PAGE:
|Photo by John Han.|
By Gabriel Golden.
"Tilt" is a term that comes from the game of poker.
Let's say you're in a poker game, playing confidently and well, making money. You get a great hand, you think you have the proverbial "nuts" and are unbeatable so you push in a big chunk of your chip pile. Another player is calling you, then raises you at the end, you go all-in and he suddenly and unexpectedly wins the hand, taking your huge pile of chips. You've had a "bad beat." Frustrated, you feel like you've been punched in the face, and as the game goes on you are thinking about how much you have to gain back, and you're making bad, reckless choices that cause you to continue losing even more money.
A poker player in this state of mind is said to be "playing on tilt," and it occured to me that a similar thing is frequently experienced by cabbies.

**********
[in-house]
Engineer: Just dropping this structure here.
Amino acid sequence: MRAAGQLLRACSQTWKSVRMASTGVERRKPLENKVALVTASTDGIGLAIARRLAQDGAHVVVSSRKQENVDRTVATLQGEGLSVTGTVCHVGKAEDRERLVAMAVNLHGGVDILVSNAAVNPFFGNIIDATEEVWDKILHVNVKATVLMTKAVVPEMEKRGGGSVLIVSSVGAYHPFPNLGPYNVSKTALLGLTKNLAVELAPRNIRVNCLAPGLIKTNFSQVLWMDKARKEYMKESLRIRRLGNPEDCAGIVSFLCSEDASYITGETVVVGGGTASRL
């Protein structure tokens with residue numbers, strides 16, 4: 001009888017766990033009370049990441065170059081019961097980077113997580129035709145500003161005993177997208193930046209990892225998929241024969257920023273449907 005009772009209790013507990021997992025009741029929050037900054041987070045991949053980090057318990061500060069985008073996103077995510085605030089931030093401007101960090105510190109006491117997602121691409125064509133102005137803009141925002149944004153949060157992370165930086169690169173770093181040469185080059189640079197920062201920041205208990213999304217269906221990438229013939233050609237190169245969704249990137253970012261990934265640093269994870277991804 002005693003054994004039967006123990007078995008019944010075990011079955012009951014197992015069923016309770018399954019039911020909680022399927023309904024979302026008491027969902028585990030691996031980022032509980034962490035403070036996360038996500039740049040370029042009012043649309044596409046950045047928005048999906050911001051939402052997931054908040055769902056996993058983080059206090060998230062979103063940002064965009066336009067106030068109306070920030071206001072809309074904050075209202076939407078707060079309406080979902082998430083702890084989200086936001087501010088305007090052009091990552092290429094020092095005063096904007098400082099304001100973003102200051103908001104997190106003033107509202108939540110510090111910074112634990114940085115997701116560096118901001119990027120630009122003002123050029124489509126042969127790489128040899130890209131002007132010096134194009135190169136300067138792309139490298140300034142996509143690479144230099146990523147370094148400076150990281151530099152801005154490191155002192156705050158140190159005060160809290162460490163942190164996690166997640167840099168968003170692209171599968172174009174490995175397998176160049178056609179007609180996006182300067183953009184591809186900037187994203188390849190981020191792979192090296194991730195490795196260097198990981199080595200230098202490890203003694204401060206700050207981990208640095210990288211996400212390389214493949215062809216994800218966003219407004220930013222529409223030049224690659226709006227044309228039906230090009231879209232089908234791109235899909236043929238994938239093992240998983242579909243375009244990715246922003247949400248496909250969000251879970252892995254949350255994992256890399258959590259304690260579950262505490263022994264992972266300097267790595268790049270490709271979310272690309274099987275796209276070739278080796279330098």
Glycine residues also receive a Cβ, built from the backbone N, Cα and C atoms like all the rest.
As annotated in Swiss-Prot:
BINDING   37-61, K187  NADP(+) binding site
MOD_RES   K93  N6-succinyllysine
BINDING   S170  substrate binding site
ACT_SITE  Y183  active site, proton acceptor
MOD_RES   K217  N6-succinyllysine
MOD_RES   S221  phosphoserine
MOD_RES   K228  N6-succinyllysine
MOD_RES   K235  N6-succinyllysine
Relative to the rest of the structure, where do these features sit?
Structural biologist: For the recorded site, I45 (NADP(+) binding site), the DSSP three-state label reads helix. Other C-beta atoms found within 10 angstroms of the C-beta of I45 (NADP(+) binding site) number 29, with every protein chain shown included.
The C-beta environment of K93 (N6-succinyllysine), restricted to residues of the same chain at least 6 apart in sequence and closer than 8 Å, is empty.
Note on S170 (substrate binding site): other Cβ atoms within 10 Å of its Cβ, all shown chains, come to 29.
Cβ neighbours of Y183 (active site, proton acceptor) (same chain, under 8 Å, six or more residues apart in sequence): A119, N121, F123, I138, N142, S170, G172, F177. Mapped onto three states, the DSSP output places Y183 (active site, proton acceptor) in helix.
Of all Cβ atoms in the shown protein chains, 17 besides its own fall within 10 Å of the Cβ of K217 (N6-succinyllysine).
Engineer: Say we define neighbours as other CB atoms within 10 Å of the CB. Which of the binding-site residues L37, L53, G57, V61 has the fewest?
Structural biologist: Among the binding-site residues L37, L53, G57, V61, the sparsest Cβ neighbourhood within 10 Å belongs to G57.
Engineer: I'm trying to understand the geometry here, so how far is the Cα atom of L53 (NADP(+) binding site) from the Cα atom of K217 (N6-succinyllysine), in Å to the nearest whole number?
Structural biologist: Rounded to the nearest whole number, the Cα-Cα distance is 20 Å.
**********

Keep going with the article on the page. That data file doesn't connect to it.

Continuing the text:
Maybe you've had a rude and repugnant customer in your cab. Maybe you're 30 minutes in a cabstand, the two in front of you get airports and you get a $4.90 short. Maybe it's hot and your A/C is on the fritz. There are lots of things capable of putting us on tilt, and we need to be vigilant.
The important thing to bear in mind here is that the customer climbing into your cab right now bears no responsibility for your frame of mind. In the interest of garnering healthy tips and in just doing the right thing, we have an obligation to give every customer our best, which means a safe, smooth ride, conversation if they want it, and silence if they don't. How do we do this if we're already on tilt?
Pull over and take a break. Take some slow, deep breaths, and reflect on how lucky you are to be driving a cab in the world's best cab city. Watch the sun come up, or go down. Have a healthy snack. Think about your smiling spouse, or your smiling dog. Do whatever you have to do to get your head in the right place for your next customer.
The very act of framing a bad mental state as "playing on tilt" is powerful. It enables you to step back and objectivey see what's happening in your mind, and to more readily take steps to get back on track.
(Gabriel Golden is a day driver with National/Veterans).